Joseph R. Mathewson: Wine Prices Affected By Lower Supply

Business, Food & Drink

womenlaughingatfoodwithwine-joermathewson-indypostedWine aficionados such as Joseph R. Mathewson know that ordering a glass or two at dinner could very well be the most expensive part of the meal. While many people know going into the hobby of wine loving that it is not a cheap endeavor, the rising price of wine over the past few months does not help.

According to Restaurant Sciences, which is a firm that works independently to track food and beverage sales, prices of wine by the glass rose every month for the last half of a year. The study only looked at stand-alone restaurants and excluded nightclubs, hotel restaurants and concession stands. The biggest reason appears to be the shrink of wine production from everywhere around the globe. Last year’s production shrank more than 6 percent, which put wine production numbers at the lowest point in nearly four decades.

Through the simple nature of supply and demand, with less wine to go around people need to pay more to drink it. That is why it is getting rare to find bottles of wine at less than the cost of a nice entrée at most restaurants around the country. Buying wine by the glass has always been more expensive, but now may not even be an option for the casual wine drinker who doesn’t have a huge wallet.

The biggest part of the industry to get hit was the family dining sector, which saw prices of wine inflate more than 8 percent. At high-end restaurants the hit was felt as well, with wine prices increasing more than 5 percent. Casual restaurants, where the bill typically falls in the range of $40 to $140, did not see a huge price increase. Those prices only rose about 2 percent.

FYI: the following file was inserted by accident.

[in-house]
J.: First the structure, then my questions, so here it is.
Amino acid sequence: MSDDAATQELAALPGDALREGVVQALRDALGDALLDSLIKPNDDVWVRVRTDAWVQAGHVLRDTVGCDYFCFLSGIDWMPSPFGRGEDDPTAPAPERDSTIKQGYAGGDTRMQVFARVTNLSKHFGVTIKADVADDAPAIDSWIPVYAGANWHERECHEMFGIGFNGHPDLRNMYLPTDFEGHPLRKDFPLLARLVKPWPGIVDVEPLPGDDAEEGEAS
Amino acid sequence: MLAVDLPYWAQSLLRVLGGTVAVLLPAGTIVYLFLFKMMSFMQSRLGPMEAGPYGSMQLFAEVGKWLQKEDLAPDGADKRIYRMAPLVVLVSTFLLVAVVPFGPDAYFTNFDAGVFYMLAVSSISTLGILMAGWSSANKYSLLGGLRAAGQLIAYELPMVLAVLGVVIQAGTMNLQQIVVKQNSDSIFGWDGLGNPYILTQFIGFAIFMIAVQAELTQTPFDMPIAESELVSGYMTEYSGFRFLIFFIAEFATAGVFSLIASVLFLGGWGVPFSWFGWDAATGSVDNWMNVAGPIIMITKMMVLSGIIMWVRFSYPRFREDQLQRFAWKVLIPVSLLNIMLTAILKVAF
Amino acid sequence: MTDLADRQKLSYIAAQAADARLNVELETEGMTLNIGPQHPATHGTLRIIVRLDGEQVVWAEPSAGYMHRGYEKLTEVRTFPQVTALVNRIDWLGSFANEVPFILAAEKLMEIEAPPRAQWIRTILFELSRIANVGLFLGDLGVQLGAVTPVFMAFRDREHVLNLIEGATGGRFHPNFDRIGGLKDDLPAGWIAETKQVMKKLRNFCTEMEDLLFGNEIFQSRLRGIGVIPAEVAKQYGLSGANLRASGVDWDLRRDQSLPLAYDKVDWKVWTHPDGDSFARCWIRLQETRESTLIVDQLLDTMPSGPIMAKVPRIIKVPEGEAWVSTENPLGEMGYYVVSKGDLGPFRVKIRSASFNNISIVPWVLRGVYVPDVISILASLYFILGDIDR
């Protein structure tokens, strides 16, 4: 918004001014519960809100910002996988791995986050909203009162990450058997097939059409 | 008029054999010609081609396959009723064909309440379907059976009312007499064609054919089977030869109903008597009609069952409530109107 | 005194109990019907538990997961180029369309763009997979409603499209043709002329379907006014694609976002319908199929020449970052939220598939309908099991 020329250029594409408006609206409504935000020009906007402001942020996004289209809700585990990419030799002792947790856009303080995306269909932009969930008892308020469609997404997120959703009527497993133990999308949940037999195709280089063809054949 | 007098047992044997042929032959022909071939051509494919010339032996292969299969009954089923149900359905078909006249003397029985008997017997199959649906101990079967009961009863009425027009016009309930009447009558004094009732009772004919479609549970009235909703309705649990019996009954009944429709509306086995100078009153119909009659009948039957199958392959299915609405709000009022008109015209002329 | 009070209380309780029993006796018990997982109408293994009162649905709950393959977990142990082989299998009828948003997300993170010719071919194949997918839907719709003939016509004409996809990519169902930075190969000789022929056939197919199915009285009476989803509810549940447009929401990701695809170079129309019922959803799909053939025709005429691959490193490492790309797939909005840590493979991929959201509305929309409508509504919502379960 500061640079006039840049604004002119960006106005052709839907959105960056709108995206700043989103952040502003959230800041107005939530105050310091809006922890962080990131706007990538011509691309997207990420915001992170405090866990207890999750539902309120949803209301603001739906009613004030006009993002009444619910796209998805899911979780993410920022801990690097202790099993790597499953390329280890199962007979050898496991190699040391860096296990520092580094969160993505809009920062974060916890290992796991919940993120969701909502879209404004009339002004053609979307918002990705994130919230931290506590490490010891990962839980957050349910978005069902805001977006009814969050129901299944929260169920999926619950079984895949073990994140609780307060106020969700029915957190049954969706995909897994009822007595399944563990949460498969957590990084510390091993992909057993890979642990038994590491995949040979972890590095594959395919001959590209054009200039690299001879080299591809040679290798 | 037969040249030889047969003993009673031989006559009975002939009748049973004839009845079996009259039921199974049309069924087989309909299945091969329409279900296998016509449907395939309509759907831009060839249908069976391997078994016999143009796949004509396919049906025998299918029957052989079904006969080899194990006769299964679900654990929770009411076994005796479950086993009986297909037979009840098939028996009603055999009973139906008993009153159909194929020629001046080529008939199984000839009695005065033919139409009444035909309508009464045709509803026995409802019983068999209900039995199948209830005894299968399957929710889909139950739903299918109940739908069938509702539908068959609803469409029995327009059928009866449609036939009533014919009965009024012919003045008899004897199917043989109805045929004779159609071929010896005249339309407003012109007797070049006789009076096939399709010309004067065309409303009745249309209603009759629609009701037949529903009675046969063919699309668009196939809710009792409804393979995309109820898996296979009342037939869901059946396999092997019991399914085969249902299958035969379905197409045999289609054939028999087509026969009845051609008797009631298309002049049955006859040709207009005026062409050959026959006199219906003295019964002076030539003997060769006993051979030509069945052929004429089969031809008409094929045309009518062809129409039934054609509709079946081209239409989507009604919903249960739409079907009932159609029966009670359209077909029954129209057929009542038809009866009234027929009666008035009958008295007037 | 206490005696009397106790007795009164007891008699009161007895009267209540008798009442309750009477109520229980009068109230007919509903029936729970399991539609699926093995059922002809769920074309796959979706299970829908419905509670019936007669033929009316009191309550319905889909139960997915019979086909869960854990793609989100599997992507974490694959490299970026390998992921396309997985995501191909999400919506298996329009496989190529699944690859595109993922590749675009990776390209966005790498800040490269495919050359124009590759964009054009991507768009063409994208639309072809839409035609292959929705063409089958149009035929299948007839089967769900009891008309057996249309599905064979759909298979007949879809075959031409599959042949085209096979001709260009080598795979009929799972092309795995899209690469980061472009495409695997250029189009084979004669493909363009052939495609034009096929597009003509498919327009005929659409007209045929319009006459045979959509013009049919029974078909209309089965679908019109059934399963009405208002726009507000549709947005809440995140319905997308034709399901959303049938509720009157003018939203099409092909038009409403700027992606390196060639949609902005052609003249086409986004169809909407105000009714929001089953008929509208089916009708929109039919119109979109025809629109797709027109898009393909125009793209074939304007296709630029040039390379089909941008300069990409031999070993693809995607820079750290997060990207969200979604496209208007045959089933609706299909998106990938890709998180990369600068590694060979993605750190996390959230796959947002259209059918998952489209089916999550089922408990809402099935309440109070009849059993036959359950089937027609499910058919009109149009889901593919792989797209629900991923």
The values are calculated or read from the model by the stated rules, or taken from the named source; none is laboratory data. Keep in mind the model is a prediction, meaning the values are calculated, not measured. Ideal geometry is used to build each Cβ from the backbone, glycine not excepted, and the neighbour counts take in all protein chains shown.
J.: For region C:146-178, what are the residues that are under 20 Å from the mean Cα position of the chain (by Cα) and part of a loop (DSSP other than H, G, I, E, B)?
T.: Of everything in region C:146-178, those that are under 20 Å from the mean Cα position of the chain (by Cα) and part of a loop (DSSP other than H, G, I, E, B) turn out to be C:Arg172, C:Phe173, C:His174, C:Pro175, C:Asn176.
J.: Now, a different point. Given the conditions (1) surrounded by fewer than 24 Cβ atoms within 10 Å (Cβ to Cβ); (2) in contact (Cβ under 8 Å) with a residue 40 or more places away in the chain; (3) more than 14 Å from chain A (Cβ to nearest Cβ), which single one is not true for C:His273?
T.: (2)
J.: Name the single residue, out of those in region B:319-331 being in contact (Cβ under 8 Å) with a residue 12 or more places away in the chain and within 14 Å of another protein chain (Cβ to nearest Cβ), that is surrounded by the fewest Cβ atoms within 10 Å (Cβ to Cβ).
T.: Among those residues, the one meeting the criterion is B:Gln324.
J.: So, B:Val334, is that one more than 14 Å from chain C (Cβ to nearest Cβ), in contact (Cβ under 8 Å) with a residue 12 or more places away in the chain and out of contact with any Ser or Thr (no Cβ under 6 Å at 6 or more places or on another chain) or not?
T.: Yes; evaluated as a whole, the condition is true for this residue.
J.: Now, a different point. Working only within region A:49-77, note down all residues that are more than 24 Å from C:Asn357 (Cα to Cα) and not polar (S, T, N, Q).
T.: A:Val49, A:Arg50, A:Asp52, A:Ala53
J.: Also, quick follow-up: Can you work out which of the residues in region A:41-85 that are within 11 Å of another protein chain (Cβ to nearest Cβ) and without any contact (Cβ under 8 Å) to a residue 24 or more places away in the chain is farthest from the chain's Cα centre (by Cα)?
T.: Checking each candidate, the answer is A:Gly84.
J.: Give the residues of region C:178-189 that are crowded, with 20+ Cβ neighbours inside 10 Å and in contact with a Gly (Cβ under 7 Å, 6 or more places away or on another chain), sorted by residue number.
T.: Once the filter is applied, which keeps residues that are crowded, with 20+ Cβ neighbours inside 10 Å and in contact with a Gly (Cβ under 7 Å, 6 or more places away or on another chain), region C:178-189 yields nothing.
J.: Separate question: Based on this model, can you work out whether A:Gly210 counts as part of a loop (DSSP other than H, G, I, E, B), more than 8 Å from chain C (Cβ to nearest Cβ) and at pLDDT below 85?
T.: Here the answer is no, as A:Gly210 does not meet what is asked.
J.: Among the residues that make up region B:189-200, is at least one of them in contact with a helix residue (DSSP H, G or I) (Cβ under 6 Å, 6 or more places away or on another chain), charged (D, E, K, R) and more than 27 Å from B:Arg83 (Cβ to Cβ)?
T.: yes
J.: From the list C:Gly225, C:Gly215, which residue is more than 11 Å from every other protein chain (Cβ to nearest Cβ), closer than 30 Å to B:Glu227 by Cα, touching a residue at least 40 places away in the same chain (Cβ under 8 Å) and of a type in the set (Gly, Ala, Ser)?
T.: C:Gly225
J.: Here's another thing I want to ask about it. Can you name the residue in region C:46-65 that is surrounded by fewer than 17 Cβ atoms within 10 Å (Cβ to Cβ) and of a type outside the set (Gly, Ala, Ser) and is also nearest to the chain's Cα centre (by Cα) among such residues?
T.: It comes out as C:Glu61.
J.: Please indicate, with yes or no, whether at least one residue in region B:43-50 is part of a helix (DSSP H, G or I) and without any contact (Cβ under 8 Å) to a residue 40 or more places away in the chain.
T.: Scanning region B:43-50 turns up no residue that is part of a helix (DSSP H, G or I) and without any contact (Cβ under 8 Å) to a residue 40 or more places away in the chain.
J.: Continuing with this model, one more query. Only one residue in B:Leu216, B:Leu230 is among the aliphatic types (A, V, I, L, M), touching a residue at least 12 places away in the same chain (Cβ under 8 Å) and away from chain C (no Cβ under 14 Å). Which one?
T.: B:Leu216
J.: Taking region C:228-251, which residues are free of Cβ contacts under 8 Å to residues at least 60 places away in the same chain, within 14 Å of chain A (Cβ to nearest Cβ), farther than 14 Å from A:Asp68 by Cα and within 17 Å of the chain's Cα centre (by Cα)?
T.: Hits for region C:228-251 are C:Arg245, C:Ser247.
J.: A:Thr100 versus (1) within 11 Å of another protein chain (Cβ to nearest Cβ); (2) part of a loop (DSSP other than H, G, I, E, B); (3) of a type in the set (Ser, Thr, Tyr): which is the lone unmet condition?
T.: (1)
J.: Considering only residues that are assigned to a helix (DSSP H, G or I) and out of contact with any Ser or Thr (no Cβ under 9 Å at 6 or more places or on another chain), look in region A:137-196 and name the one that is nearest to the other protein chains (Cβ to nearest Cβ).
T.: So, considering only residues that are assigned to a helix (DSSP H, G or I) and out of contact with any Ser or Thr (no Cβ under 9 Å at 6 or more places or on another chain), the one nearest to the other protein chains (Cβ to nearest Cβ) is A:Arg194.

One wine bar owner who spoke to the Los Angeles Times said she has been combating the inflating prices by finding newer, smaller companies to get wine from. She says she typically aims to keep wine at less than $14 a glass, because even in Hollywood people are still feeling the crunch of the tough economy. Even though she has an incredible passion for wine, she is even straying away from the red and white delicacies while dining if prices are too high. She says she has supplemented her diet with plenty of beer instead.

One reason why the cost is rising is because many vineyards are still replanting and trying to recover from the recent recession. Since wine is a luxury, many of the jobs in that area suffered and now it is harder to find people who can do the jobs necessary and have the knowledge needed to manage vineyards and aid in winemaking and grape picking. Poor weather also attributed to the shortage last year. That shortage could continue into this year as well, with some estimating 1 billion bottles or more off the average.

Almost every wine has felt the pinch. Some wines that were good for consumers who had a mid-range price in mind like Pinot Noir are now at their most expensive. Even discount wines such as Trader Joe’s Charles Shaw wine have been affected. The wine, which was lovingly referred to as “Two-Buck Chuck,” is now more than $2 a bottle for the first time in more than a decade.